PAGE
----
One was a tragic traffic accident that occurred on Story Rd. near Jackson Ave., long before the development of Tropicana Village, Sunset Homes and the numerous shopping centers and strip malls that came later. There were none of these along Story Rd., the south side of which was open range comprised of farmland and pasture. When two horses broke free from the fenced-in pasture and wandered onto Story Rd. they were hit by a car. Tragically, one of the horses' two front hooves were severed in the collision. With its painful life-threatening injuries, the horse was bolting around on its two hind legs. As tragic as the scene was, it created an opportunity for the TV crew to spring into action and capture the event first-hand. The reporter and cameraman were wearing tan safari-style jackets which, unknown to them at the time, became blood-saturated because of the thrashing around of the dying animal. Their jackets looked as if someone with a fountain pen had stood in front of them and shook it until it was out of red ink. It became readily apparent that the horse needed to be put down to relieve it of its misery. But unlike the movies, a single gunshot wouldn't do the job; it required six rounds from a K-38 revolver and two 12 gauge shotgun rounds to dispatch the poor animal.

Decades later, in 1999, Bob Moir told the story at a PBA meeting in front of nearly 100 members when a loud and distraught voice from the back of the room bellowed, "Moir, you killed my horse."

It turned out that Officer Bill McClean's family owned the pasture land and the horses that had escaped. Years after the event on Story Rd., Bill's father told him the story of how two of their horses had escaped, been hit by a car, and that the police had to put down one of the animals, but those were the only details the father conveyed. It wasn't until Moir told the story at the PBA meeting that Bill learned who the cop was who put the family's horse down. Fortunately, the story was told with compassion and decorum.

Bottom line: When a story is told in front of a large group, one never knows who is listening.



The facts behind the legends, information and
misinformation that has or may show up in your inbox

New Articles

• Dr. Kermit Gosnell is on trial on charges of having committed multiple gruesome and illegal late-term abortions.

• Photograph purportedly shows an insect spy drone that can take photographs and DNA samples.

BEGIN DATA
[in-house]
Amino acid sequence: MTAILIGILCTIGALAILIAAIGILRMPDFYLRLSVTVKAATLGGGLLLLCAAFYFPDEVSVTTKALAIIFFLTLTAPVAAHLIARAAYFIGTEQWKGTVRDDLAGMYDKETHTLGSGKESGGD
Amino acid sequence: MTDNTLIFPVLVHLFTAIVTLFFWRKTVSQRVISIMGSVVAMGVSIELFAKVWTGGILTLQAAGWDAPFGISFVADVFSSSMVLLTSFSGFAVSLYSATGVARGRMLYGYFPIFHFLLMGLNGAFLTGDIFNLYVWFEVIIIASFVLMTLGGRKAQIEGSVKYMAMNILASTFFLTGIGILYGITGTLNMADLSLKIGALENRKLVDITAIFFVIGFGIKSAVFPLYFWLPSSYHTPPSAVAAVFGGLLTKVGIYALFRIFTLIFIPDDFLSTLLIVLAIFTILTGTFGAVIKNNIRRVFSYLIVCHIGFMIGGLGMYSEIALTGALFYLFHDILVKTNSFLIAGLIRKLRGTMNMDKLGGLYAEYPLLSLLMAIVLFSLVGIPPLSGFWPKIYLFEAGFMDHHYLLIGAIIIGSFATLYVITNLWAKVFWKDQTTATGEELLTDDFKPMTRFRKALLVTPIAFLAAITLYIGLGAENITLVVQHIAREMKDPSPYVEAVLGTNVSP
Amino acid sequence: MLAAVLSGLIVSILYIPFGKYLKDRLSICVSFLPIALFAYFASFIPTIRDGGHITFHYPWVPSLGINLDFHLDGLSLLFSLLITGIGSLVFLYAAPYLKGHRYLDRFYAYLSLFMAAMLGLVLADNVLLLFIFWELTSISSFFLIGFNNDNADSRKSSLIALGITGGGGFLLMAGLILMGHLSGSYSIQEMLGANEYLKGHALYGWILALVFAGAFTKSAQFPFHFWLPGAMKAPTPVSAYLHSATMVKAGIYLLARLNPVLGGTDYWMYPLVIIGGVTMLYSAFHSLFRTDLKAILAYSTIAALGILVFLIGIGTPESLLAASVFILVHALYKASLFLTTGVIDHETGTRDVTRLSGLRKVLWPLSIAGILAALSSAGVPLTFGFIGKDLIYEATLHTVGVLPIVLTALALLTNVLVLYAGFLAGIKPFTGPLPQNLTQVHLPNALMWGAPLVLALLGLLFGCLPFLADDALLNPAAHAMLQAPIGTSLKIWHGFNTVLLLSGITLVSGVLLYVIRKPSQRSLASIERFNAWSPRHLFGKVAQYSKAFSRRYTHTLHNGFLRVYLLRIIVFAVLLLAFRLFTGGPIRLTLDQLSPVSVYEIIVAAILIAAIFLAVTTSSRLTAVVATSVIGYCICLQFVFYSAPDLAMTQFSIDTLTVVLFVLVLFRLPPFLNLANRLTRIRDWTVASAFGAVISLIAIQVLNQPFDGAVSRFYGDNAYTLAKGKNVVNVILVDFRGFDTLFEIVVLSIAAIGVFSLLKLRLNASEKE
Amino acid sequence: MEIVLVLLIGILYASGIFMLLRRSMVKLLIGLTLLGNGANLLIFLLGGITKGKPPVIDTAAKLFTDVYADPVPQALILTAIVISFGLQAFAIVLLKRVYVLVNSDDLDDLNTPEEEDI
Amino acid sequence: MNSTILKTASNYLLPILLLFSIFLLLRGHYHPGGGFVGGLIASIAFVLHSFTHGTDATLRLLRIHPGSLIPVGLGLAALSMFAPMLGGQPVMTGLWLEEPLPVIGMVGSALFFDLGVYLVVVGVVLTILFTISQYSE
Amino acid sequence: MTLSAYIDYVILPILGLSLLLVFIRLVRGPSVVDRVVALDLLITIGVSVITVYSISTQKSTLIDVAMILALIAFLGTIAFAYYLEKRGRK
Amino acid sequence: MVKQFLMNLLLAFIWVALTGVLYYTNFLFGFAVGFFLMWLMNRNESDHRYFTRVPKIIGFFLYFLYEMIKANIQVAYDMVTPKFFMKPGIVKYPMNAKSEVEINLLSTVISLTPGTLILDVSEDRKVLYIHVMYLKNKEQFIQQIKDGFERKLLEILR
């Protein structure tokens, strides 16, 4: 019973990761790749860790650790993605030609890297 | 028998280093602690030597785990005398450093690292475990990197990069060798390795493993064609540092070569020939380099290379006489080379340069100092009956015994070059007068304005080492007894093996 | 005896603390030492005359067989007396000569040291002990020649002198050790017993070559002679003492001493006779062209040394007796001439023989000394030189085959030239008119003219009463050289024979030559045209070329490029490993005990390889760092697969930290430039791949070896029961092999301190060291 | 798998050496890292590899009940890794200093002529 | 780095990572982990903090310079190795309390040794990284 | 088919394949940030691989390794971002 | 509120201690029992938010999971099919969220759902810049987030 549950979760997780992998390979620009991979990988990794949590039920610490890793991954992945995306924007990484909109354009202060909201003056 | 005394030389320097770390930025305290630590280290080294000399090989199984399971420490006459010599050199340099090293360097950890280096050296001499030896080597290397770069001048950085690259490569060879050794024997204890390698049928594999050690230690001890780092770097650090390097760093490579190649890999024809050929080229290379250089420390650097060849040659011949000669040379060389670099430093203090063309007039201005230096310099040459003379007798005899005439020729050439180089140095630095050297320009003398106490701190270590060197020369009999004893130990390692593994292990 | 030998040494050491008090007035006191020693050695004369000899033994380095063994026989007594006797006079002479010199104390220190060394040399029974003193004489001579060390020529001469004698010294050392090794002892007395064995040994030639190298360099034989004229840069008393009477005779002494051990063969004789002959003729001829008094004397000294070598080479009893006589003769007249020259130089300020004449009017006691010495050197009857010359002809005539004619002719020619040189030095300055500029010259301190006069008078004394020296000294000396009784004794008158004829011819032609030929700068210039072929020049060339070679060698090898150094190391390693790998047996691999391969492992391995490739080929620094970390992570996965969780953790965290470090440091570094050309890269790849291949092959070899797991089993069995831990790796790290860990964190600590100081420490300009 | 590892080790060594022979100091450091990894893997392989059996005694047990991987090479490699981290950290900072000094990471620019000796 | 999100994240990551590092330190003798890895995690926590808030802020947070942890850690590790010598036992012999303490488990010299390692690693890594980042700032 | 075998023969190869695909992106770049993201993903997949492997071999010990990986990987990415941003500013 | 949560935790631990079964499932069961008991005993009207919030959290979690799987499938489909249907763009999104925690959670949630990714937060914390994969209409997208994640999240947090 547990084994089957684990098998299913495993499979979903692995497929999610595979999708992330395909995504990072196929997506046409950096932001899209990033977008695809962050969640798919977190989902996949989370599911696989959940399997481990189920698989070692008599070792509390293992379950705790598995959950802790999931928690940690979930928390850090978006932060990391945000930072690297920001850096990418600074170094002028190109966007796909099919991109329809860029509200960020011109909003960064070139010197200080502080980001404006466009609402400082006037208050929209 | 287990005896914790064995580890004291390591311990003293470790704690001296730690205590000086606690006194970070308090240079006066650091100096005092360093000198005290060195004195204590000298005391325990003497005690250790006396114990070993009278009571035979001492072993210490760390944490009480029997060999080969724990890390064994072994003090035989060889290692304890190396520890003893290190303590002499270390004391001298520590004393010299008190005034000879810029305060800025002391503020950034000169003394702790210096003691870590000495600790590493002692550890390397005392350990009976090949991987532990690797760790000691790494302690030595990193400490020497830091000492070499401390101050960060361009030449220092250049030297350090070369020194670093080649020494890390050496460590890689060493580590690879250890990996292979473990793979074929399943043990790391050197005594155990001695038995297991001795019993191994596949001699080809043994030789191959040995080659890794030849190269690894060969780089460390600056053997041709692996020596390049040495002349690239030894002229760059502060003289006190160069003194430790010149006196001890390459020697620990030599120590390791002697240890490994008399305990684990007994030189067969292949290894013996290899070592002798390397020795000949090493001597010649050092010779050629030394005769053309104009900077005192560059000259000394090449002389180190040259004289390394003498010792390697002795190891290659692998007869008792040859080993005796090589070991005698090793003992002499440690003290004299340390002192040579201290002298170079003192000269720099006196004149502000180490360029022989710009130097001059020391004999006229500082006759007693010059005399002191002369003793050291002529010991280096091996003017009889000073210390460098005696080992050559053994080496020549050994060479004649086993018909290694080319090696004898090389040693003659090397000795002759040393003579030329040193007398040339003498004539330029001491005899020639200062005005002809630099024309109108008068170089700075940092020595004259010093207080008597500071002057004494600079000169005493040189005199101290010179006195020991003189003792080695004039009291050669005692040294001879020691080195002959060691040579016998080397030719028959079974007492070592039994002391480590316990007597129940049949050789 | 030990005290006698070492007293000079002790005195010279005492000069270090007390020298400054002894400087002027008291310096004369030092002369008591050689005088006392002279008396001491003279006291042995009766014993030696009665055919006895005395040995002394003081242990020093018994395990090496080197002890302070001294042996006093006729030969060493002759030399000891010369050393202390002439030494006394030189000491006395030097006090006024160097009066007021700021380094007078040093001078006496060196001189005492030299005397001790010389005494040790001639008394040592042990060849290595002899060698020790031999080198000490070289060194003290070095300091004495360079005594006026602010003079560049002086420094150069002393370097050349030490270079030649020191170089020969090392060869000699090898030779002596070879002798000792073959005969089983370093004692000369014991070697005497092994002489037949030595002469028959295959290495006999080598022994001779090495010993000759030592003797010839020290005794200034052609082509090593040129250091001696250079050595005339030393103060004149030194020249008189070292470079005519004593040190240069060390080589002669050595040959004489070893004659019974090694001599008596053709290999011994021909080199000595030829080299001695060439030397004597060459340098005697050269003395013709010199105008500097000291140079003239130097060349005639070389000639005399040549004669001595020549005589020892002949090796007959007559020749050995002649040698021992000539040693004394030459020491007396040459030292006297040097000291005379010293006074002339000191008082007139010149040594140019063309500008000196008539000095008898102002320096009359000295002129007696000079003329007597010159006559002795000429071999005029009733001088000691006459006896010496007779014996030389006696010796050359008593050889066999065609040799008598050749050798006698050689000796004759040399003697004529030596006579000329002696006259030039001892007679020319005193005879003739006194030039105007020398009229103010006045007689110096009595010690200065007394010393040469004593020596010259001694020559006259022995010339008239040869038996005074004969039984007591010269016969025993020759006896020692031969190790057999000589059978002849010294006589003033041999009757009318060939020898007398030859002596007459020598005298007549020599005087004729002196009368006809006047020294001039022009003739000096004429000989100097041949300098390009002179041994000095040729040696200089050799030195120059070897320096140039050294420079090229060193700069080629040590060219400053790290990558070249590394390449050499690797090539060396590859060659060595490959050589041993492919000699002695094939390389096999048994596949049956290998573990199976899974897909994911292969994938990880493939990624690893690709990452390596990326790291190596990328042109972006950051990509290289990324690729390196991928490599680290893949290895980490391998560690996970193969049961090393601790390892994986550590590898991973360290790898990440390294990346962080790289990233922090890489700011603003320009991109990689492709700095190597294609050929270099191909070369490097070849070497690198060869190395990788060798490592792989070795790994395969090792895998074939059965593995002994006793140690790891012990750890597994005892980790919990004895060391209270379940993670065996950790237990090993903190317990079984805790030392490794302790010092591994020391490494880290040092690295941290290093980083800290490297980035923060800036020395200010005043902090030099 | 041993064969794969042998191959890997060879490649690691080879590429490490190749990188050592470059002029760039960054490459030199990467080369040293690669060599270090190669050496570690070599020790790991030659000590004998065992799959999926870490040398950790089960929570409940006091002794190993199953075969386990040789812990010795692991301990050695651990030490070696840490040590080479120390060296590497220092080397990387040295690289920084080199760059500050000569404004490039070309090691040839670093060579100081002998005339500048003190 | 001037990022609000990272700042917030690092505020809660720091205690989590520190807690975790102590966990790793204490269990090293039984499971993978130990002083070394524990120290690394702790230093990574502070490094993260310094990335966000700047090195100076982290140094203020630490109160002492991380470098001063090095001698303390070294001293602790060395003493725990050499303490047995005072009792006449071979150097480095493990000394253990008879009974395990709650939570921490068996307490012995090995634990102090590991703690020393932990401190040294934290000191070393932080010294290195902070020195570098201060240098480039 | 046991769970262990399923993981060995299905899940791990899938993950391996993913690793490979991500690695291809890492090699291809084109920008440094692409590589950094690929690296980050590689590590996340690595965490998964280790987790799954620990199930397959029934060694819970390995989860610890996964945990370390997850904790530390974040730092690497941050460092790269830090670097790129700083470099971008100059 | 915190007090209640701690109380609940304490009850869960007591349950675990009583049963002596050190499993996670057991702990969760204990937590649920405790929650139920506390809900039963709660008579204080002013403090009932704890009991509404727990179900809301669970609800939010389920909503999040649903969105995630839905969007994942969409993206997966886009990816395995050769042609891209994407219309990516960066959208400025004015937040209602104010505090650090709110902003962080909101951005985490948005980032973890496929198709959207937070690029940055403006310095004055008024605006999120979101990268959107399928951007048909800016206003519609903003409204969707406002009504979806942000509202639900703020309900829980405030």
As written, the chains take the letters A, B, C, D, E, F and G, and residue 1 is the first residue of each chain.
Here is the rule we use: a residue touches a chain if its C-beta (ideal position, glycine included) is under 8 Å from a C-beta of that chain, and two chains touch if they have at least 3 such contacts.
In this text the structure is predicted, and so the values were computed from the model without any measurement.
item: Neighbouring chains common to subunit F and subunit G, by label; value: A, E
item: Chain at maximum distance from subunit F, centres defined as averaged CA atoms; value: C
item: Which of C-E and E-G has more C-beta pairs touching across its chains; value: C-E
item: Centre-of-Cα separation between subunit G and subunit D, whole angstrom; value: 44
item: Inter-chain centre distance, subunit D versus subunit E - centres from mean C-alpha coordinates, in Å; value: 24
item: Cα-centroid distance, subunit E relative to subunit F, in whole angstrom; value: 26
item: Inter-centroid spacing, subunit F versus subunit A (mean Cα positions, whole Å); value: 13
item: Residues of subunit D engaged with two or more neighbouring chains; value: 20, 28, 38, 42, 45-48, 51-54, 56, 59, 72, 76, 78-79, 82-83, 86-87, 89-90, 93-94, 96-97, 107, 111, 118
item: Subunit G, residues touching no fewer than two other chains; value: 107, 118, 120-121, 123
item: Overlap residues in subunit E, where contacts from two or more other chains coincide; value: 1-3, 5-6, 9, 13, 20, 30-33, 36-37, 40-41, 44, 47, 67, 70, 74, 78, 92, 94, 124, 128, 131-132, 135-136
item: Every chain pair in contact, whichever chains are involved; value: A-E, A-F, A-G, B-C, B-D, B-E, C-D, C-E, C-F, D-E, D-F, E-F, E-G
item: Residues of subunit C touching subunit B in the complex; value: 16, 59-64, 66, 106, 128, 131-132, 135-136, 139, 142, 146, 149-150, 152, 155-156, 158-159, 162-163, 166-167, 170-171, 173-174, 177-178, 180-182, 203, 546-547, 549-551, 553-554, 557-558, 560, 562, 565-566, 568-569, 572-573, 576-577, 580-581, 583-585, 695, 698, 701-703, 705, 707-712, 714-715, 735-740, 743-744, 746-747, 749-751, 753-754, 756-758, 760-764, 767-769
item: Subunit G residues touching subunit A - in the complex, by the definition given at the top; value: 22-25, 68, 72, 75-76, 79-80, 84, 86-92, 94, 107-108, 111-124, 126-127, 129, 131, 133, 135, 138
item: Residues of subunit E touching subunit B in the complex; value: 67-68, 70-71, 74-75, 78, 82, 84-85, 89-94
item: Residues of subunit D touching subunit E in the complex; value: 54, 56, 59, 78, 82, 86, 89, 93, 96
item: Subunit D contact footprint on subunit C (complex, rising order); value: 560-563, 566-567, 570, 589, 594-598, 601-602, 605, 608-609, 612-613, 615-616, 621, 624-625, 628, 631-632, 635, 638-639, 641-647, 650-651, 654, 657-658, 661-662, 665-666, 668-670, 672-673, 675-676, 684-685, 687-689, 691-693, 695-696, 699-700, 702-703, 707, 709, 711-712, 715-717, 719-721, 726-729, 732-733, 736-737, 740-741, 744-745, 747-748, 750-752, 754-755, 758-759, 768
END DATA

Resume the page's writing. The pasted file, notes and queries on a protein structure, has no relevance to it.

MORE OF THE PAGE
• Map purportedly shows states in which employees can be "fired for being gay."

• Do you need to drink eight glasses of water per day to avoid being dehydrated?

• Did Dianne Feinstein say that 'All vets are mentally ill and the government should prevent them from owning firearms'?

• Did a North Carolina couple put their 16-year-old daughter up for adoption after leaning she is gay?

• Is the FCC is modifying its policies regarding the use of profanity and non-sexual nudity on radio and television?

• Photograph purportedly shows a formerly ensnared humpback whale thanking one of her rescuers.

• A prominent meteor shower will be visible in late April 2013.

• Did Rep. Paul Ryan refuse to tip an elderly waiter at a Washington-area restaurant?

• Item identifies suspects allegedly wanted by the police for the beating of a 22-year-old autistic woman named Ashley Hamilton.

• Was the word 'sirloin' coined by an English king who knighted a piece of beef?

• Has Pastor Joel Osteen announced that he has resigned and renounced Christianity?

• Don't forget to visit our Daily Snopes page for a collection of odd news stories from around the world!

Worth a Second Look

• Did Margaret Thatcher once say that "The trouble with Socialism is that eventually you run out of other people's money"?

Still Haunting the Inbox

• Check out our 25 Hottest Urban Legends list to keep abreast of what's circulating in the on-line world.

Fraud Afoot

• Visit our Top Scams page for a list of schemes commonly used by crooks to separate the unwary from their money.



Choose large or full screen for YouTube videos...


• • • • •

We've all seen hot chases from the perspective of a video camera mounted on the dash of a patrol car, but have you seen a chase recorded by a video camera mounted on the side of a helmet worn by an officer working a police motor? Have a look at this extraordinary April 8, 2013 chase by a Florence (state unknown) motor officer we received from Paul Salerno. Not only did the camera (probably a Go-Pro) provide excellent video of the pursuit and the arrest, it also picked up the officer's radio transmissions. (5 Mins.)


• • • • •

Does anyone find it ironic that while the Blue Angels and the Air Force Thunderbirds are grounded, ostensibly due to the sequester, the Black Eagles Flight Demonstration Team of the Republic of South Korea that gulps down tens of millions of U.S. dollars in military aid and support continues to thrill the folks on the ground? Have a look at what this video calls the "best pilots in the world." We were unable to determine if their jets were manufactured by Kia or Hyundai. (10 Mins.)